Opioid crisis task force seeks input to fight addiction: "This is a public health epidemic"

MILWAUKEE -- It's a record Milwaukee County does not want to break: the number of overdose deaths in a year. Sadly, Milwaukee is on target with 277 overdose deaths so far this year. Now, local officials are trying to put an end to that rising number.

A small meeting on Saturday, October 21st, hoping to address a big issue: the opioid crisis.

Michael Murphy

"This public health epidemic," Milwaukee Alderman Michael Murphy said.

Alderman Michael Murphy, who's part of the city-county Heroin, Opioid, and Cocaine Task Force, understands why only a few people showed up to the listening session.

"The problem is when it's associated with drug addiction, stigma of it results in people believing it's really the individuals' fault'," Murphy said.  "The reality is it's a brain disease and many people in our community are legally addicted on oxycodone, on a legal product and they subsequently moved to opiates like heroin."

"The addiction takes over and consumes their lives," Martine Tate with Wisconsin Change Addiction Now said.

Martine Tate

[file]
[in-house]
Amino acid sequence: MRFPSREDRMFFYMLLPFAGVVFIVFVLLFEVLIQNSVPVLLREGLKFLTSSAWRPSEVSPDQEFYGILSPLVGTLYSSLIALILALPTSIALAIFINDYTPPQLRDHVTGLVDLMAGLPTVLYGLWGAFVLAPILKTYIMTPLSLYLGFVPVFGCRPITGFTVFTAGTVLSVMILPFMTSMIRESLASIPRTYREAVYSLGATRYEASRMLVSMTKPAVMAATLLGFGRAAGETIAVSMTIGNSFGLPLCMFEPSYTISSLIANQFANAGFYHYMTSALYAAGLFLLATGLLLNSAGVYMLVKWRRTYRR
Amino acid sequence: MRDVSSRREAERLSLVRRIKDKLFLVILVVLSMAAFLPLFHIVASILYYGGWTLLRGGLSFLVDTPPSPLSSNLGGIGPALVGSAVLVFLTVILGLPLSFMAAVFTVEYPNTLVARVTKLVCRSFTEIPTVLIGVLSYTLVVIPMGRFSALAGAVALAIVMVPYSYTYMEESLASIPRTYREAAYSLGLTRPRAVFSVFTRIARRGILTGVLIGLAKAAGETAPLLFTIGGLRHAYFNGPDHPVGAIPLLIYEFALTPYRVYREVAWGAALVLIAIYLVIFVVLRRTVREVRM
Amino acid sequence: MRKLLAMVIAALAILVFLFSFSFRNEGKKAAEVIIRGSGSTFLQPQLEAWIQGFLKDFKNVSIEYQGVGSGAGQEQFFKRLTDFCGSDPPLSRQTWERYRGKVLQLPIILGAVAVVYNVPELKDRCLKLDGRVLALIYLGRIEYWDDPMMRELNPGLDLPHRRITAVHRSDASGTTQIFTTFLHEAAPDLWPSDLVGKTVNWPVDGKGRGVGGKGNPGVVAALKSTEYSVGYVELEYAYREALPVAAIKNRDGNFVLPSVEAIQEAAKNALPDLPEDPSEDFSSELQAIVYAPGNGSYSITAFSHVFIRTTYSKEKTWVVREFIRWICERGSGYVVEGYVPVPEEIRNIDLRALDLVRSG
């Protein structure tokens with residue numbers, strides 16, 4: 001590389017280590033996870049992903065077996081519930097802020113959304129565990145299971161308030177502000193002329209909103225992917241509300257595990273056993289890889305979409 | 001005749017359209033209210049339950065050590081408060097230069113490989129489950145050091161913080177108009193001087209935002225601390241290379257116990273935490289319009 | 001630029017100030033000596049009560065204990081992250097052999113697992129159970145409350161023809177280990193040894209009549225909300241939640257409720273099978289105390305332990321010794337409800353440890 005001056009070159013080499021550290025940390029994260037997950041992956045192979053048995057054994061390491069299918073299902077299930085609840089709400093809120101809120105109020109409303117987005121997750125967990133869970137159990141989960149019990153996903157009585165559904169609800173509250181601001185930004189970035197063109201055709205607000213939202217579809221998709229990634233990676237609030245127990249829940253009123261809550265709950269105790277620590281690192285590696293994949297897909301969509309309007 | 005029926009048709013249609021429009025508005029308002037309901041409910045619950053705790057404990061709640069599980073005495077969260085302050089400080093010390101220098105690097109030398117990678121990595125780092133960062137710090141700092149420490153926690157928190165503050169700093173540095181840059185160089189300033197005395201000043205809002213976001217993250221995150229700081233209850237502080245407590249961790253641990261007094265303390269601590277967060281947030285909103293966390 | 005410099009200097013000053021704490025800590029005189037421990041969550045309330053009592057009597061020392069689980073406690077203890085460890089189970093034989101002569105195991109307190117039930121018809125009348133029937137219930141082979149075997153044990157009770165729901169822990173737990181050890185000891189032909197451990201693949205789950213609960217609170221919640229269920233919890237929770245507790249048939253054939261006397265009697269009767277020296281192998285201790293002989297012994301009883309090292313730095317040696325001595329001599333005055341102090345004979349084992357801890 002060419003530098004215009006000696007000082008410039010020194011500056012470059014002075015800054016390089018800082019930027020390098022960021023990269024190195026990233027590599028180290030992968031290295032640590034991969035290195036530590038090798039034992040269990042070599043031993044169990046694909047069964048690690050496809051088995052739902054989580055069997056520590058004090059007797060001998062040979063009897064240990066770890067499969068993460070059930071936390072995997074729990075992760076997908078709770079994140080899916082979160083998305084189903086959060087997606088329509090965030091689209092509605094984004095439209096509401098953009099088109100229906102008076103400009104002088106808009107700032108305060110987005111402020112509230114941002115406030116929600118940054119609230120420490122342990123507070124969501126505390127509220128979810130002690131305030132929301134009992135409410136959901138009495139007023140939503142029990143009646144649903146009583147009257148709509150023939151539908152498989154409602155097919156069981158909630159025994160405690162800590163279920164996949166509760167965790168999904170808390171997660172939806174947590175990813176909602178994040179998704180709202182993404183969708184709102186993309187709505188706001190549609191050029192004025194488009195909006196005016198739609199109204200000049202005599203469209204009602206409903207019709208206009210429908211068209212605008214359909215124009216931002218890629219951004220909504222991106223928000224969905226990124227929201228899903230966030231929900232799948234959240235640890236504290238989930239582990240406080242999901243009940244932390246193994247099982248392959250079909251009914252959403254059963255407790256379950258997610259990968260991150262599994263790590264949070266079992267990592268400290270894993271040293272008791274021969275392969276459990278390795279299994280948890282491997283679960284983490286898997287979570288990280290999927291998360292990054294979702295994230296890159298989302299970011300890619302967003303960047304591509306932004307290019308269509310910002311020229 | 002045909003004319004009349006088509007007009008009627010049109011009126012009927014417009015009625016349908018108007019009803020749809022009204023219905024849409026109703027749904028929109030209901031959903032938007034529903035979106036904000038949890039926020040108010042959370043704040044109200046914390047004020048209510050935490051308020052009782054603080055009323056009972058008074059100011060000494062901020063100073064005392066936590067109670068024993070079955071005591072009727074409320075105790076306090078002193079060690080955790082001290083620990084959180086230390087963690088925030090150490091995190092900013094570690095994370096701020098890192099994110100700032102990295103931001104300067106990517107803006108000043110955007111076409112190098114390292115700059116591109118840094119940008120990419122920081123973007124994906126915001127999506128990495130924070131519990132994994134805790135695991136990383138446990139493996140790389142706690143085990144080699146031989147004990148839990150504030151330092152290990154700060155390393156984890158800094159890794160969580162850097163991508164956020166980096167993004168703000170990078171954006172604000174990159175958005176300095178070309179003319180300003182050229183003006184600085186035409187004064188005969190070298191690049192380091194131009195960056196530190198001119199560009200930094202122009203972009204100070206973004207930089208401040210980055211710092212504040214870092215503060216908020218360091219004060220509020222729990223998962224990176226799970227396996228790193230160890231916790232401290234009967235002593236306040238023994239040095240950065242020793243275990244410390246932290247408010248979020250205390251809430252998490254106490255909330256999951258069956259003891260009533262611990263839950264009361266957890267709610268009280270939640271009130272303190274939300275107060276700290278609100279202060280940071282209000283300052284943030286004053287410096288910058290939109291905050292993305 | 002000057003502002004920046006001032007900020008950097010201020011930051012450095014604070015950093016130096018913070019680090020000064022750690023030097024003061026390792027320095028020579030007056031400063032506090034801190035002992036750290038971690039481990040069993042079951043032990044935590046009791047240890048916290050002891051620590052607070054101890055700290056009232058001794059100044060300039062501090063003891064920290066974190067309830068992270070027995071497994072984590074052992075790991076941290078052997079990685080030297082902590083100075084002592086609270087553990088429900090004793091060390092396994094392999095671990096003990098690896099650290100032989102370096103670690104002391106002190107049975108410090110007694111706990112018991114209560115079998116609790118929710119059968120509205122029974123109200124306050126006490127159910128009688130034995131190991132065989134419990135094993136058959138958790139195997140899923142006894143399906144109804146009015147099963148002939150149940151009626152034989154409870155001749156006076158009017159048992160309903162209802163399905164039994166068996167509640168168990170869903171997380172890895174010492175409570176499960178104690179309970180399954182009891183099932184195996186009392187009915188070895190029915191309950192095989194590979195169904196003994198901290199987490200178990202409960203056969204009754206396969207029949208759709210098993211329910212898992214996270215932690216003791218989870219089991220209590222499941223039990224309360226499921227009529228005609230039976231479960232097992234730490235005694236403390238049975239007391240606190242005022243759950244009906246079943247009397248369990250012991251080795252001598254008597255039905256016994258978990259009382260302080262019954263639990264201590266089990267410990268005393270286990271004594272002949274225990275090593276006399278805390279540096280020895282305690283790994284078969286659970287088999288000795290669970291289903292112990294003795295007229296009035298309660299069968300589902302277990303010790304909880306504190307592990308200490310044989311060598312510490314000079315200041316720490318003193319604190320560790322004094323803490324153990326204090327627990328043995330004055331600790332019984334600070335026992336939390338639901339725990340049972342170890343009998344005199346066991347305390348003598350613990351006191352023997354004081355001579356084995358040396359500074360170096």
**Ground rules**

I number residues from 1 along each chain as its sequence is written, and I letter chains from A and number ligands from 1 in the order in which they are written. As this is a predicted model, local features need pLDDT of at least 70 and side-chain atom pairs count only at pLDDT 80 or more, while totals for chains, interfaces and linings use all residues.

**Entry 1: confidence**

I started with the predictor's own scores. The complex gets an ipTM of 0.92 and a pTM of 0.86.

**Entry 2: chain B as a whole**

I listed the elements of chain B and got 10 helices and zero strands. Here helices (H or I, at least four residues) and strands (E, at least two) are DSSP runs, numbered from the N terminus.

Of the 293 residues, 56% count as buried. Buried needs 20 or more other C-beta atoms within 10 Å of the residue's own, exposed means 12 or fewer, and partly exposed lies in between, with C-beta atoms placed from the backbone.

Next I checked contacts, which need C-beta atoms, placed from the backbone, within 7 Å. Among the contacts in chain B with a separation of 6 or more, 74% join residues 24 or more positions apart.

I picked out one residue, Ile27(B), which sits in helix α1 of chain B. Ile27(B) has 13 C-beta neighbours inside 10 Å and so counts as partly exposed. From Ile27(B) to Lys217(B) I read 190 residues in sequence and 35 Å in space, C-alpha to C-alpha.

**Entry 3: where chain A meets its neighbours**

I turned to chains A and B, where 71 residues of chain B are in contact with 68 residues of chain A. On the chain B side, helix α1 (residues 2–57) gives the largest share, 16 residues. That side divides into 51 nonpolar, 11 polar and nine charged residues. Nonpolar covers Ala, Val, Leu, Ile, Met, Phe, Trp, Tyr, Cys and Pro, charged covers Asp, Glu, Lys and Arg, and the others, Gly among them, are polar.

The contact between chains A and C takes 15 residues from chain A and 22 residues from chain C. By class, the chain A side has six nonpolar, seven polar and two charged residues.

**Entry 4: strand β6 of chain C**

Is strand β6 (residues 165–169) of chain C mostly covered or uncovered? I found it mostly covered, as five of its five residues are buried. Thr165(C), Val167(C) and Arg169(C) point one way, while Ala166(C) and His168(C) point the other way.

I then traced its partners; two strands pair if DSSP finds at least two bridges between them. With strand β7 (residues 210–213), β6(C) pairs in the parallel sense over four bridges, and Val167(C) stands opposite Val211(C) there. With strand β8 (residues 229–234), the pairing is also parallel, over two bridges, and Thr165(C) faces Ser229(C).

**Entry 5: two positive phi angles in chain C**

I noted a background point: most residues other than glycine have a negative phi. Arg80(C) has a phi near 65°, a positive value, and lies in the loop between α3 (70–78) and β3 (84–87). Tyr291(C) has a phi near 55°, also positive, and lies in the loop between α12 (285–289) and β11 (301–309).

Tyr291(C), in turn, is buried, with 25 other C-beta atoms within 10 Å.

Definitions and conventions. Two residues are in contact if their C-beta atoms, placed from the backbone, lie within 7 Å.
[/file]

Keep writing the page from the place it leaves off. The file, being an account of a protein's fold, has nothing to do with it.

Tate knows first hand, her daughter died of an accidental overdose in 2013.

"We have to speak up and out and help others," Tate said.

She holds support groups and seeks resources as a parent advocate.

"We need to advocate for better treatment more funding for treatment medication assisted treatment," Tate said.

In an effort to build a comprehensive plan to fight opioid use and addiction, the task force is seeking input to help improve treatment efforts and reach people before they're in crisis. A step that Justin Bielinski with Citizen Action of Wisconsin, said needs to happen at an early age.

"Ninety percent of people who become addicted when they are adults, started before they were 18," Bielinski said. "We are trying to get schools to do universal SBIRT which is screening, brief intervention, referral to treatment."

In the month of October in Milwaukee County, someone has died from a probable overdose every 16 hours. A startling number the can hopefully lessen with the sharing of stories and suggestions.

"There is hope there is hope," Tate said.

The second listening session will be held Saturday, October  28th which is also "Drug Take Back Day at 10:00 a.m. at the Humboldt Park Pavillion.